8 Latke-Making Problems and How to Fix Them
#6: Your latkes aren’t crispy enough.
The eight days of Hanukkah mean latkes galore. When latkes are great, they’re light and pillowy with crispy exteriors and lacy edges — and they’re guaranteed to disappear from the table in less than five minutes. But when they’re cooked poorly...well, let’s just say that there are few things sadder than limp, greasy latkes. Below, we addressed the most common latke-making problems and how to fix them. You might just call this a tiny Hanukkah miracle.
1. Hand-Grating Takes Forever
In some circles, it’s a rite of passage to stand over the hand grater for 45-plus minutes grating potatoes, skinning your knuckles every now and then and letting the grated potatoes turn a gray-ish pink-ish color. But honestly? It’s annoying. Using the grating attachment on the food processor cuts this work down to just a few minutes, and we’d argue the resulting latkes taste even better. That’s because the food processor transforms the potatoes into perfectly uniform matchsticks which clump together into light piles and cook evenly. Grated potatoes are uneven and clump together more thickly and heavily.
2. Wringing Out the Potatoes Is a Huge Pain
Every latke recipe will tell you to put the grated potatoes into a dish cloth or cheesecloth and wring the heck out of them until no more liquid comes out. This takes a long time and requires lots of arm strength. You quite often might be left worrying that you didn’t wring them out enough. Instead, put those grated potatoes into a salad spinner and pump away. All the liquid will be flung out, and you’ll be left with bone-dry grated potatoes.
3. Your Latke Batter Is Liquidy
Have you ever wrung your potatoes thoroughly, only to find more liquid in the bowl after you’ve mixed them with the onion and salt? You can’t possibly fry that damp mixture. What happened? It could be two things. First, your grated onion could be contributing water. Instead of grating it next time, try finely chopping it. You’ll end up with crisper latkes and pops of caramelized onion flavor. Second, don’t season the mixture with salt in advance — the salt will draw out the moisture in the potatoes. Season the mixture with salt right before you start cooking it.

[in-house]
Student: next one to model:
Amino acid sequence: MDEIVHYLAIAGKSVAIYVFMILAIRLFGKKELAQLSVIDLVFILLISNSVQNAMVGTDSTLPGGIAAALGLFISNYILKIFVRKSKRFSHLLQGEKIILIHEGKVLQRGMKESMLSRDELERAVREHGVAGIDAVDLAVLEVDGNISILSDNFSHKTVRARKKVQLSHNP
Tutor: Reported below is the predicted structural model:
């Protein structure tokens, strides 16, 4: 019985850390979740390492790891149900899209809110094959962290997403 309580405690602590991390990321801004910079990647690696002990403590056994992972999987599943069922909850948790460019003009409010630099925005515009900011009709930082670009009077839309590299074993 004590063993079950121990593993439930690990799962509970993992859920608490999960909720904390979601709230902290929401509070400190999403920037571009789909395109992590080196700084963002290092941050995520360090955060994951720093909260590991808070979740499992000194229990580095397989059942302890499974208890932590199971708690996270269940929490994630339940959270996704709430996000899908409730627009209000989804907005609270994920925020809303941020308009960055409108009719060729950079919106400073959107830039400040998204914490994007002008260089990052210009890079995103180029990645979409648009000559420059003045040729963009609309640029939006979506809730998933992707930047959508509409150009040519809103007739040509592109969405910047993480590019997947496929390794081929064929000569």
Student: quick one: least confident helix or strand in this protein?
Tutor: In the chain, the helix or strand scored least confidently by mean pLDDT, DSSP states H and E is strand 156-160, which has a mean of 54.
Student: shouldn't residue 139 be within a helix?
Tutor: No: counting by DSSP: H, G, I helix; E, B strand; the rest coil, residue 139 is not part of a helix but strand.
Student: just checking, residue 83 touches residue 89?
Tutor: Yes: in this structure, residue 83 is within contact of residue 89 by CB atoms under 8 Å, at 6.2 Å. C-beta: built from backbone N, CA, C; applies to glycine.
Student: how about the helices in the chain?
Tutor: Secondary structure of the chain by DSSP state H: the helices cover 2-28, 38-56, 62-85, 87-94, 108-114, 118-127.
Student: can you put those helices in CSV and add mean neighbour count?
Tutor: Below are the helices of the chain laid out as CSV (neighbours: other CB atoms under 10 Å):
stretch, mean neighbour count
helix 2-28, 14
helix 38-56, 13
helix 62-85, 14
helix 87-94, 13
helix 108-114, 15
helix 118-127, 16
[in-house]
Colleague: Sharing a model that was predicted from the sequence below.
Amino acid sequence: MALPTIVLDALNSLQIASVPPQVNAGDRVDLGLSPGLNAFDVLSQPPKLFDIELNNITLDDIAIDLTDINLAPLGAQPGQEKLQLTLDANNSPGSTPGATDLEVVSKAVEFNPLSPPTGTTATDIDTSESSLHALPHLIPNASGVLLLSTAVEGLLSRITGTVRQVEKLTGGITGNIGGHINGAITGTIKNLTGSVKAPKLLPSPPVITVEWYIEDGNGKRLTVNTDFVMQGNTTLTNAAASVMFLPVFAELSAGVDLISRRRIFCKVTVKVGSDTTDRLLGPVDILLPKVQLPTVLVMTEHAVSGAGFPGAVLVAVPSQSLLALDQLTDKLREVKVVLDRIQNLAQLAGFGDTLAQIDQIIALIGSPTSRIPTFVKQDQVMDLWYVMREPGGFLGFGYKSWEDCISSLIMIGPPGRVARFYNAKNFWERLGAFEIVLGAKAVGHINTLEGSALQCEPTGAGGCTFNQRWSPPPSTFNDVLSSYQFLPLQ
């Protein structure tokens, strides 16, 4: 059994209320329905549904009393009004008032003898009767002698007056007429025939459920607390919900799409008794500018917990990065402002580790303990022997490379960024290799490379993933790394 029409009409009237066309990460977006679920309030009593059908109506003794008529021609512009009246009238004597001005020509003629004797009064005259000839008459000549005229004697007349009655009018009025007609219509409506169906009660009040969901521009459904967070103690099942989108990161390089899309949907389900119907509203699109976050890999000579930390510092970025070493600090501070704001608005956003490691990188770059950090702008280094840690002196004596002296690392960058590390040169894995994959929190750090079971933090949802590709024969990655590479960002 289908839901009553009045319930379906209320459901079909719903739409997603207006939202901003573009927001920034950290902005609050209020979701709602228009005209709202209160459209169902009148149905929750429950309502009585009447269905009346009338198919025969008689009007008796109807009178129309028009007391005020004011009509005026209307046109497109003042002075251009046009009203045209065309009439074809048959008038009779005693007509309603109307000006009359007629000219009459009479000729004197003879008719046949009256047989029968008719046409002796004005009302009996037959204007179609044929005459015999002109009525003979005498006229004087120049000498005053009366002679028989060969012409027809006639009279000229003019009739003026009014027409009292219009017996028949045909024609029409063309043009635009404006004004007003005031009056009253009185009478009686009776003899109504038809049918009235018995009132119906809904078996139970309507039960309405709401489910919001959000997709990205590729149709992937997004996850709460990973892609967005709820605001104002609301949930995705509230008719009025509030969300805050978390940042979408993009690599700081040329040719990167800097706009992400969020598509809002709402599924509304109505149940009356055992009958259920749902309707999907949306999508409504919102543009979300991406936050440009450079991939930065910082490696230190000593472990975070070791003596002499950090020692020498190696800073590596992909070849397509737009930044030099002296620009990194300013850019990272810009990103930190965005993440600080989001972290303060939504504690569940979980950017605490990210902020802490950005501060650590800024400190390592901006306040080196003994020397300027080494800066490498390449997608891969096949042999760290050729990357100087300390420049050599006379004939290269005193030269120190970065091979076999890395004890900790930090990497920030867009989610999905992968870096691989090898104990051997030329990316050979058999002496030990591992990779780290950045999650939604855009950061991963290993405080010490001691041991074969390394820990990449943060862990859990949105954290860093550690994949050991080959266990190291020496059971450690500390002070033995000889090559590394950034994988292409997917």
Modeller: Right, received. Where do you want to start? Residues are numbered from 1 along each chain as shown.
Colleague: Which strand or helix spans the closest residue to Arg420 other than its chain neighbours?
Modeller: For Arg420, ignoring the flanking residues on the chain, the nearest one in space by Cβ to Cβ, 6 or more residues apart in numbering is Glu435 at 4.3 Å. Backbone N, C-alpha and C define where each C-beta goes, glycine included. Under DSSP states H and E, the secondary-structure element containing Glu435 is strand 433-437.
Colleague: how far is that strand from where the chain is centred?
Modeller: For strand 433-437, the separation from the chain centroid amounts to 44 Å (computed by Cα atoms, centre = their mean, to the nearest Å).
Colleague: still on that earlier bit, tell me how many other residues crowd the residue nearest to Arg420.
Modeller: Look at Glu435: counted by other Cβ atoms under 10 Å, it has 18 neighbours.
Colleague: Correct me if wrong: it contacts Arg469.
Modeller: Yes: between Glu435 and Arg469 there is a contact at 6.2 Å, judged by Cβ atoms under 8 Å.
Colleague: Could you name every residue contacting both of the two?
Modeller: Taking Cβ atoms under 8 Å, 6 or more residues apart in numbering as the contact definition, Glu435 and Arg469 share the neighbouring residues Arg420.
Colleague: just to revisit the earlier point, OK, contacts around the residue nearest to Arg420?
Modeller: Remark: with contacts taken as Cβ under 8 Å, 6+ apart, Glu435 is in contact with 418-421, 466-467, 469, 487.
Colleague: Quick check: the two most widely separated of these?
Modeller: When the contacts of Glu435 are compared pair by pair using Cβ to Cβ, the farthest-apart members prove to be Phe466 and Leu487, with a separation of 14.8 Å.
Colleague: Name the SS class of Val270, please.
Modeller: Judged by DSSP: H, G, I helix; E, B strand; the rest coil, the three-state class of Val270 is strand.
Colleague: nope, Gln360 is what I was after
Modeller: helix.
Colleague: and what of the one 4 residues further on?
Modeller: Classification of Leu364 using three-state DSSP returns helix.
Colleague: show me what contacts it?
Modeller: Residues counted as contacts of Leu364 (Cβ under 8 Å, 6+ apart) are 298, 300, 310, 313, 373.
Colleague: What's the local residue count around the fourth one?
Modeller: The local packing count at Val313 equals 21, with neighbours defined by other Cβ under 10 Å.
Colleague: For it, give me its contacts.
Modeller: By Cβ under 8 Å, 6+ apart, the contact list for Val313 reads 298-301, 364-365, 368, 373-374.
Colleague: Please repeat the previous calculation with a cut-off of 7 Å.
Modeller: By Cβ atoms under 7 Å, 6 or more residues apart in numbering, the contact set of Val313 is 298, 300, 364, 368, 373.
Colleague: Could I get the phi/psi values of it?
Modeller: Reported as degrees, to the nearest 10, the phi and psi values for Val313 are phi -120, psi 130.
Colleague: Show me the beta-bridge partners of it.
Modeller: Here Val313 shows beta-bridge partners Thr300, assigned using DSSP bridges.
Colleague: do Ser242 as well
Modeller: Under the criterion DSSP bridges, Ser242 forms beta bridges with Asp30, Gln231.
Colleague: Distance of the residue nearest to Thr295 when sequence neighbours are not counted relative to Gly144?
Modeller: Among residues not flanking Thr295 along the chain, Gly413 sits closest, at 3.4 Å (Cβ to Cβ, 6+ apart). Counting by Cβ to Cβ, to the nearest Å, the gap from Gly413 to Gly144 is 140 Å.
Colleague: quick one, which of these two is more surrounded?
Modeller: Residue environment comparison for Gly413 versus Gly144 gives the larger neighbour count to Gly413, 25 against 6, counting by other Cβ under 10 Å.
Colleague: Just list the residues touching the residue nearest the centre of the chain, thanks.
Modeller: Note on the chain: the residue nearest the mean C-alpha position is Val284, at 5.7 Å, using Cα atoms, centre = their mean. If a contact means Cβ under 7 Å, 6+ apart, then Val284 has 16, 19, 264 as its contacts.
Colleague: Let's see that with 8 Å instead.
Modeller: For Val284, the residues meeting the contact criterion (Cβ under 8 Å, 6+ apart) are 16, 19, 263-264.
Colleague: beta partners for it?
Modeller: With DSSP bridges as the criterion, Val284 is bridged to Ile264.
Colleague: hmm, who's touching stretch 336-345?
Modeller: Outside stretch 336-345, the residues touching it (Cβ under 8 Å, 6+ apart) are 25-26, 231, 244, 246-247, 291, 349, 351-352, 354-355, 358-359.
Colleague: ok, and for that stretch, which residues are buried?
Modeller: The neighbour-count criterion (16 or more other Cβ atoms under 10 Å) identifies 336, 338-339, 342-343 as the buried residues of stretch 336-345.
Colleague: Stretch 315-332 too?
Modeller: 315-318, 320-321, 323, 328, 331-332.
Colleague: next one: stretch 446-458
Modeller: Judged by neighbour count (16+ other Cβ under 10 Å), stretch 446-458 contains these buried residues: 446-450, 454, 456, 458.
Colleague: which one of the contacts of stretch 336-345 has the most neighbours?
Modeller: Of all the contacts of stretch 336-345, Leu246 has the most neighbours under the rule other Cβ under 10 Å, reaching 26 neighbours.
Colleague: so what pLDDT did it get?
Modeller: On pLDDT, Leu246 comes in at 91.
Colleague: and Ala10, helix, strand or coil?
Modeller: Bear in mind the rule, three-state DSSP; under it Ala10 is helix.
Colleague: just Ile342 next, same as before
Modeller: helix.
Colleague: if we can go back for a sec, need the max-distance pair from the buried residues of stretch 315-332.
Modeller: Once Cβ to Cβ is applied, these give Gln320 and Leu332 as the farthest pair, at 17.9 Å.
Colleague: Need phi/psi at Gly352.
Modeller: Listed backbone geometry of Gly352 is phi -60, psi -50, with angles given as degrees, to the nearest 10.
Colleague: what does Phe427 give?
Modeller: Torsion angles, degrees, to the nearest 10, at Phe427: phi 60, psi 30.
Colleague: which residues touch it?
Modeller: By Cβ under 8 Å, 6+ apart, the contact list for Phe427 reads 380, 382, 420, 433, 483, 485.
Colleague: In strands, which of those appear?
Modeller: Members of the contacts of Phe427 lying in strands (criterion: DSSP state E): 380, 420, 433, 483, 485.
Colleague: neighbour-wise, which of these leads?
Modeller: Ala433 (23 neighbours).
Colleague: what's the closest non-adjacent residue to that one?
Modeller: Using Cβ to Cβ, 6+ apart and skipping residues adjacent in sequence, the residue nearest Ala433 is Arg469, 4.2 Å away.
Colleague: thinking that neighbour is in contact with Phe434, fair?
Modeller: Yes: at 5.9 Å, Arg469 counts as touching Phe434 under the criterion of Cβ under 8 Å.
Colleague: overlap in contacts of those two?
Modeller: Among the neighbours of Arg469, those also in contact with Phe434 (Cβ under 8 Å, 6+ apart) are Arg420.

4. The Latkes Cook Unevenly
If you’re ending up with latkes that are burning in some places and raw with others, it could be the pan you’re using or the amount of oil. Opt for a large pan with a heavy bottom — a cast iron skillet is nice because it heats evenly and stays hot. Additionally, you might not have used enough oil. Although you’re not deep-frying, you want the oil to come halfway up the latke mounds.
5. Your Latkes Fall Apart
When you flip your latkes and they fall apart, your batter might be wet. Another culprit? There’s not enough starch binding the latkes. Luckily, the fix for both of these problems is the same: add some more starch — ideally in the form of matzo meal — which will soak up that extra moisture and bind the ingredients together more tightly. Flour works too, but it sticks together and makes for denser latkes.
6. Your Latkes Aren’t Crisp Enough
This is probably one of the biggest complaints people have, and the thing is, there are a lot of reasons why your latke might not be crisp enough. You might not have eliminated enough liquid from the potato (see how to fix that in the tip above). You might also be crowding your latkes when you cook them — you want to use a large pan and make sure your latkes don’t touch when they’re cooking (otherwise they’ll steam instead of crisping up). Additionally, your oil might not be hot enough. Make sure to test out the oil hotness before you start cooking by throwing a pinch of potatoes into the oil. The oil should sizzle vigorously around it. When you remove the latkes from the pan, transfer them to a wire rack fitted inside of a baking and keep them in the oven at a low temperature until you’re ready to serve them.
7. The Latkes Taste Unpleasantly Greasy
You know exactly what we’re talking about: latkes that reek of grease so strongly they sort of taste fishy. Surprisingly, this flavor is caused by frying oil that’s not hot enough. In fact, frying any food in oil that’s not hot enough imparts this unpleasant greasy flavor. To avoid this, always fry up a small test clump of latke before starting a big batch. You can also monitor the oil temperature with an instant read thermometer; the temperature should hover around 375 degrees F.
8. You Want to Make Them Ahead
Make the latkes ahead of time and store them in the refrigerator in a single layer on baking sheets. Or freeze them flat in a single layer (transferring them to a resalable bag once they’re frozen flat). To reheat them bake them in a 425 degree F oven until they’re warmed through and crisp.